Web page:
Hungary won't veto EU arms funding to Ukraine, official says

Hungary's foreign minister says his country won't block a planned tranche of 500 million euros ($543 million) in European Union arms funding to Ukraine to use in the war with Russia

Justin Spike
Monday 23 January 2023 14:59 GMT
Belgium EU Foreign Ministers
Belgium EU Foreign Ministers (Copyright 2023 The Associated Press. All rights reserved)

Hungary's foreign minister said Monday that while his government isn't in favor of the European Union sending funding for weapons to Ukraine, it won't block a planned tranche of 500 million euros ($543 million) in assistance to Kyiv to use in the war with Russia.

Speaking at a news briefing on the sidelines of a meeting of EU foreign ministers in Brussels, Peter Szijjarto dismissed as “lies” media reports that emerged last week that Hungary planned to veto the funds earmarked for Ukraine under the bloc's European Peace Facility.

Hungary opposes the delivery of Western weapons to Ukraine — something Szijjarto said could “lead to the prolongation or potential escalation” of the war — but the government won't veto the aid package, he said.

“We don’t consider weapons shipments, nor the hundreds of millions of euros Europe has spent to finance them, a good idea. But we won’t block the decision,” he said.

While Hungary's government hasn't blocked previous payouts under the facility, which has to date delivered 3.1 billion euros in arms funding to Ukraine, it did veto an 18-billion euro aid package in December, leaving the EU's other 26 nations scrambling to keep the money supply going.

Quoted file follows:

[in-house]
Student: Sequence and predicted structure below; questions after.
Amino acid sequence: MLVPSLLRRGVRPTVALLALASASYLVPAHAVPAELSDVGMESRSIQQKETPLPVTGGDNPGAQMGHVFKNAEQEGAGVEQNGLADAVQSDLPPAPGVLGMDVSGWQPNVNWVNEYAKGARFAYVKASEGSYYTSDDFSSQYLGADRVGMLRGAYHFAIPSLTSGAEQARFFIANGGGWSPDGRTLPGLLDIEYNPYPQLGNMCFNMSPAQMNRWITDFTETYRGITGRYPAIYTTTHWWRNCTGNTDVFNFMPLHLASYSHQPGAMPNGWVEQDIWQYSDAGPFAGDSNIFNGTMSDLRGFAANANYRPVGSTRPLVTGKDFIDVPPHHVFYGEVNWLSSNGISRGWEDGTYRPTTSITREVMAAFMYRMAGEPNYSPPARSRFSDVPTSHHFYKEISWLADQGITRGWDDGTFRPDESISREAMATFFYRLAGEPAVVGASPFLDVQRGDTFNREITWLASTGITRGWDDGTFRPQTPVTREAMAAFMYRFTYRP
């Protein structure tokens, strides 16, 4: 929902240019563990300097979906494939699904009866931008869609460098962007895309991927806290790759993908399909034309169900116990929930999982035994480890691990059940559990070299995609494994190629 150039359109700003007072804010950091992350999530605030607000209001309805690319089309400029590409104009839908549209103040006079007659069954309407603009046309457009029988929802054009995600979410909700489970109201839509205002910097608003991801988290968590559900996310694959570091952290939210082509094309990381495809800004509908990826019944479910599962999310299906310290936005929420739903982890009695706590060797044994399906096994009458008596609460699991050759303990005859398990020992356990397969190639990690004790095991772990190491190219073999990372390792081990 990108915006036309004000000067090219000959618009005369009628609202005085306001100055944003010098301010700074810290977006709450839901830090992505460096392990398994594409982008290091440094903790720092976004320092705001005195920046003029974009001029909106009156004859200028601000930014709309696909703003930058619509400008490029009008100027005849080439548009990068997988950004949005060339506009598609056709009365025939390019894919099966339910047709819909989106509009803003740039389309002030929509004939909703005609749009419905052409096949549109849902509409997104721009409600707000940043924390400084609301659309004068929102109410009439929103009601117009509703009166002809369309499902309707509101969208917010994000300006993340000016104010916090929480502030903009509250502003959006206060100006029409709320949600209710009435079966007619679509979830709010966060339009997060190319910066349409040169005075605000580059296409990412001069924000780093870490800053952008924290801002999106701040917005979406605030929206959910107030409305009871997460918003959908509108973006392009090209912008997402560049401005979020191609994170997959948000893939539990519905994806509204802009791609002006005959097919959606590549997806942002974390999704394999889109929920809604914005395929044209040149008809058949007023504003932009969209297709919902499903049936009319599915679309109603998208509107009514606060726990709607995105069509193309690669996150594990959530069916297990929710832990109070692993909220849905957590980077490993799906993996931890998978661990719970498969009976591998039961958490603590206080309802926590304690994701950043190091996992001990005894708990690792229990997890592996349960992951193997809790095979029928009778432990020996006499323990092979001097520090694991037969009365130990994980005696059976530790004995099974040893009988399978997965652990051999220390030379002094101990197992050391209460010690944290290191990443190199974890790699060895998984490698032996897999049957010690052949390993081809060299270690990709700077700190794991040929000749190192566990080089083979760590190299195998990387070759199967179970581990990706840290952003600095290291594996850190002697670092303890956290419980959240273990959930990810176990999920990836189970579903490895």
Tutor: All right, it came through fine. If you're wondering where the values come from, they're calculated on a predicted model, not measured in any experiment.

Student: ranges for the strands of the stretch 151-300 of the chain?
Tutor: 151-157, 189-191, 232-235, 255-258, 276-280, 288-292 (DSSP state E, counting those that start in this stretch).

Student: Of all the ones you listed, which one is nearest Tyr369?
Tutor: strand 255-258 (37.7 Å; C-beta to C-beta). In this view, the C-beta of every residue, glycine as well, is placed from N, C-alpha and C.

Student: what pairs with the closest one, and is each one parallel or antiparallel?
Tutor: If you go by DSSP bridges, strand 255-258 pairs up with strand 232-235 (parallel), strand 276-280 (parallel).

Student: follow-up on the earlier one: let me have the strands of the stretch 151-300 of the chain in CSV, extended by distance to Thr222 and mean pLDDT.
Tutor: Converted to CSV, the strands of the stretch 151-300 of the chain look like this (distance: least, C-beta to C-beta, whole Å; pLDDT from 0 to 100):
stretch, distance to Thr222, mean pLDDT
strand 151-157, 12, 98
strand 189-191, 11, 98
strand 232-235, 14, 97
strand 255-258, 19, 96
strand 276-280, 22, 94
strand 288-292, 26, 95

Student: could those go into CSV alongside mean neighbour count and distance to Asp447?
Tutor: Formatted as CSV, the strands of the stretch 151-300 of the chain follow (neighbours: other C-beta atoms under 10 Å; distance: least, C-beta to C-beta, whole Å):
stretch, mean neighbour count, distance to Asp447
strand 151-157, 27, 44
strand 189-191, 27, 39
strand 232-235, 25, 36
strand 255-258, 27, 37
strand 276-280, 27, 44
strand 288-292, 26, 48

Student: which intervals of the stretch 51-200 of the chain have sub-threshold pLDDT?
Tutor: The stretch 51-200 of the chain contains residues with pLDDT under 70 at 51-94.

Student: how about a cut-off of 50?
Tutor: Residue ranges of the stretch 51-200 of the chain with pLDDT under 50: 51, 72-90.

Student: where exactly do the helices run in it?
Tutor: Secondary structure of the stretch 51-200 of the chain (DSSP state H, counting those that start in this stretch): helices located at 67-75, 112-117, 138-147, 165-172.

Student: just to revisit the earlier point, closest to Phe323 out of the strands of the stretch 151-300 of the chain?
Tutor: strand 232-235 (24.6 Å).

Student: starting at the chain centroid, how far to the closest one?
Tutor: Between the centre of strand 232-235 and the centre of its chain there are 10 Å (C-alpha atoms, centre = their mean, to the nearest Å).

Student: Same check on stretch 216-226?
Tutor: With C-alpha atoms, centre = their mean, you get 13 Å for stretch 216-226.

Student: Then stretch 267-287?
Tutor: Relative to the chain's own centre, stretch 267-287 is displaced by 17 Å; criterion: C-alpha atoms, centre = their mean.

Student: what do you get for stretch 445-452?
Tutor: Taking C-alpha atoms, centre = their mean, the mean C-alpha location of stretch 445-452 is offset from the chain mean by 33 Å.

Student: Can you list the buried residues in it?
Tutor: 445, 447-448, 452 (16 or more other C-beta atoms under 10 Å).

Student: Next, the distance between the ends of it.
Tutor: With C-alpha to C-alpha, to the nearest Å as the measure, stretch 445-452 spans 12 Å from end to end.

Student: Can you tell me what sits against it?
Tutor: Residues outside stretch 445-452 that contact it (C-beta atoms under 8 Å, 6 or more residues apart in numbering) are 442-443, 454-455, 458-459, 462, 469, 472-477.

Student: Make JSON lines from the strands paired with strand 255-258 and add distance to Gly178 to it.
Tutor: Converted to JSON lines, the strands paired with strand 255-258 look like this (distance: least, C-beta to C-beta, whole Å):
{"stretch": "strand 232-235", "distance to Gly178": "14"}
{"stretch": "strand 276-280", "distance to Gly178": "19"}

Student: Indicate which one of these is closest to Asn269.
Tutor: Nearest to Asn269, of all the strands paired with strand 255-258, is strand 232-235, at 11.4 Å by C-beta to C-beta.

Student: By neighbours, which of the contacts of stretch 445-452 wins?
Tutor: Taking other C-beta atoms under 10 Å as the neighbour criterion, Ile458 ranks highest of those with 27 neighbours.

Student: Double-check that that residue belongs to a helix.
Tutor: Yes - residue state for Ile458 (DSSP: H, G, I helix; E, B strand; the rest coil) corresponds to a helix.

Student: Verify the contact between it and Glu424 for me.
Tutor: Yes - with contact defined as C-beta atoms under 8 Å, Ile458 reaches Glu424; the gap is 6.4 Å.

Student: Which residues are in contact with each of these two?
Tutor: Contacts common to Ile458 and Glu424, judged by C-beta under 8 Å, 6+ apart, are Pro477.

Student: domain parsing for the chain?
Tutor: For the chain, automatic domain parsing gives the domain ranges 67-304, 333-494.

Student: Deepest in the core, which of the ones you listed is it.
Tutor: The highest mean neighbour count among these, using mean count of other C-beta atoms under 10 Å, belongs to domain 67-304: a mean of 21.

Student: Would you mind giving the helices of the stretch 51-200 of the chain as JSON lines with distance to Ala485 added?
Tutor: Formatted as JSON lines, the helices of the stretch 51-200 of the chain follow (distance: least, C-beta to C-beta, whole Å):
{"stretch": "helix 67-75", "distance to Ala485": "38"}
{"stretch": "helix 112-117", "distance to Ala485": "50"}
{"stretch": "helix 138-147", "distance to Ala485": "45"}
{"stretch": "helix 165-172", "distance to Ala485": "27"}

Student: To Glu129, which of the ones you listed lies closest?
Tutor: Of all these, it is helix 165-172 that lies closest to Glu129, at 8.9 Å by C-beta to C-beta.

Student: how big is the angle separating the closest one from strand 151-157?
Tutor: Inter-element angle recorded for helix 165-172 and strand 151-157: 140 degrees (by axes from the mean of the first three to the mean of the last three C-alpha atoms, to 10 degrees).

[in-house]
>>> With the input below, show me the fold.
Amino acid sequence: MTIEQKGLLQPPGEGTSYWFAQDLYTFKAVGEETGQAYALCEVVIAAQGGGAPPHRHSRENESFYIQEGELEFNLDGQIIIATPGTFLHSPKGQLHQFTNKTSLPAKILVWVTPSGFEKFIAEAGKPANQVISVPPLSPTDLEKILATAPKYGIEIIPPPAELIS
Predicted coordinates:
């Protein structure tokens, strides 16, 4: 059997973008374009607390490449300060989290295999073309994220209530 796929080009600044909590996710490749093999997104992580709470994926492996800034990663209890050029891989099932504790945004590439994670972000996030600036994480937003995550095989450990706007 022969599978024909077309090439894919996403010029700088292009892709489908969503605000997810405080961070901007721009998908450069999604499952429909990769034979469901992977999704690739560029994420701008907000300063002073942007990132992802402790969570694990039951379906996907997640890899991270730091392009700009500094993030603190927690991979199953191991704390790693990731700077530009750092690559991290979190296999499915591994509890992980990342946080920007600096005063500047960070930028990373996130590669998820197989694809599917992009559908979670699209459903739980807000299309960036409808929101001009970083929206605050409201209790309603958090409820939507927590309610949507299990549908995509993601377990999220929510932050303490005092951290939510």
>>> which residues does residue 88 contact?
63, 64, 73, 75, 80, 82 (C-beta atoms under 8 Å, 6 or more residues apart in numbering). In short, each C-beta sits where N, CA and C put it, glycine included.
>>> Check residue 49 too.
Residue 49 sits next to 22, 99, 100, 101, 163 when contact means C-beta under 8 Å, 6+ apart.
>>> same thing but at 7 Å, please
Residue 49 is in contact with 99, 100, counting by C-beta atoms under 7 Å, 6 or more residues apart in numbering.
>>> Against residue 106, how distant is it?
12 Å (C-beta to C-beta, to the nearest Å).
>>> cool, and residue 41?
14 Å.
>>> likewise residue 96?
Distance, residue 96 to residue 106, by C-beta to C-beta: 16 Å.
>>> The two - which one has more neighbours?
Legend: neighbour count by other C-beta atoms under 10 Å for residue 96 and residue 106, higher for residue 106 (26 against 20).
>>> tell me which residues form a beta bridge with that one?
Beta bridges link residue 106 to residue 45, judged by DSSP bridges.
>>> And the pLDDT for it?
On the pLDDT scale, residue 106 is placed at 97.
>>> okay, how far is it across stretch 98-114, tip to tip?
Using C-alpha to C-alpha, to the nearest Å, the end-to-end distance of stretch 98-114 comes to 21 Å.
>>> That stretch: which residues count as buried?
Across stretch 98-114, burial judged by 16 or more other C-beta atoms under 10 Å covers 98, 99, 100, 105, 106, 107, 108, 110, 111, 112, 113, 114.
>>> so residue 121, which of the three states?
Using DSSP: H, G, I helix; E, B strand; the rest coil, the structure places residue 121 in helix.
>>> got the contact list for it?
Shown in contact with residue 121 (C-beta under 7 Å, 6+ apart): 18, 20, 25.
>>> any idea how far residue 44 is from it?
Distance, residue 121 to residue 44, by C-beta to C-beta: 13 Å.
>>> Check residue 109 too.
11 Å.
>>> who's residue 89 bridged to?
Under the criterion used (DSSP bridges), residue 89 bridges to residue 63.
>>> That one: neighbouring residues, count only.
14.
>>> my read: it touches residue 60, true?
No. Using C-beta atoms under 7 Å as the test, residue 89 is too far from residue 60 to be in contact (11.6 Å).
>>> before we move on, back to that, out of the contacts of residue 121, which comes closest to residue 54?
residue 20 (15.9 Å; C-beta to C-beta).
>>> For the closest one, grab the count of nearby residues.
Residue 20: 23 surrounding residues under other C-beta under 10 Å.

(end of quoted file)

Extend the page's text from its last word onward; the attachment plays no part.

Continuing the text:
Budapest has also vocally opposed sanctions against Moscow, arguing they have done more damage to EU countries than to Russia, and has refused to provide Ukraine with weapons or allow their transfer across its border with Ukraine.

On Monday, Szijjarto warned that Hungary would oppose any future EU proposals to level sanctions on Russia's nuclear power industry, arguing such a decision would adversely affect operations of Hungary's only nuclear power plant, which is powered by Russian-produced nuclear fuel.

“We will never accept a single decision that would even slightly limit Hungarian-Russian nuclear cooperation," he said. "It would put the security of our national energy supply at risk, and nobody should expect that from us.”

Szijjarto also called on Ukraine's government to respect the rights of the Hungarian ethnic minority in the western Ukrainian region of Transcarpathia, where he said ethnic Hungarians had recently been victims of “concentrated attacks” by local authorities.

“We strongly protest against these measures and it must also be seen that each such measure makes it very difficult for us to make decisions in support of Ukraine in the future,” Szijjarto said.


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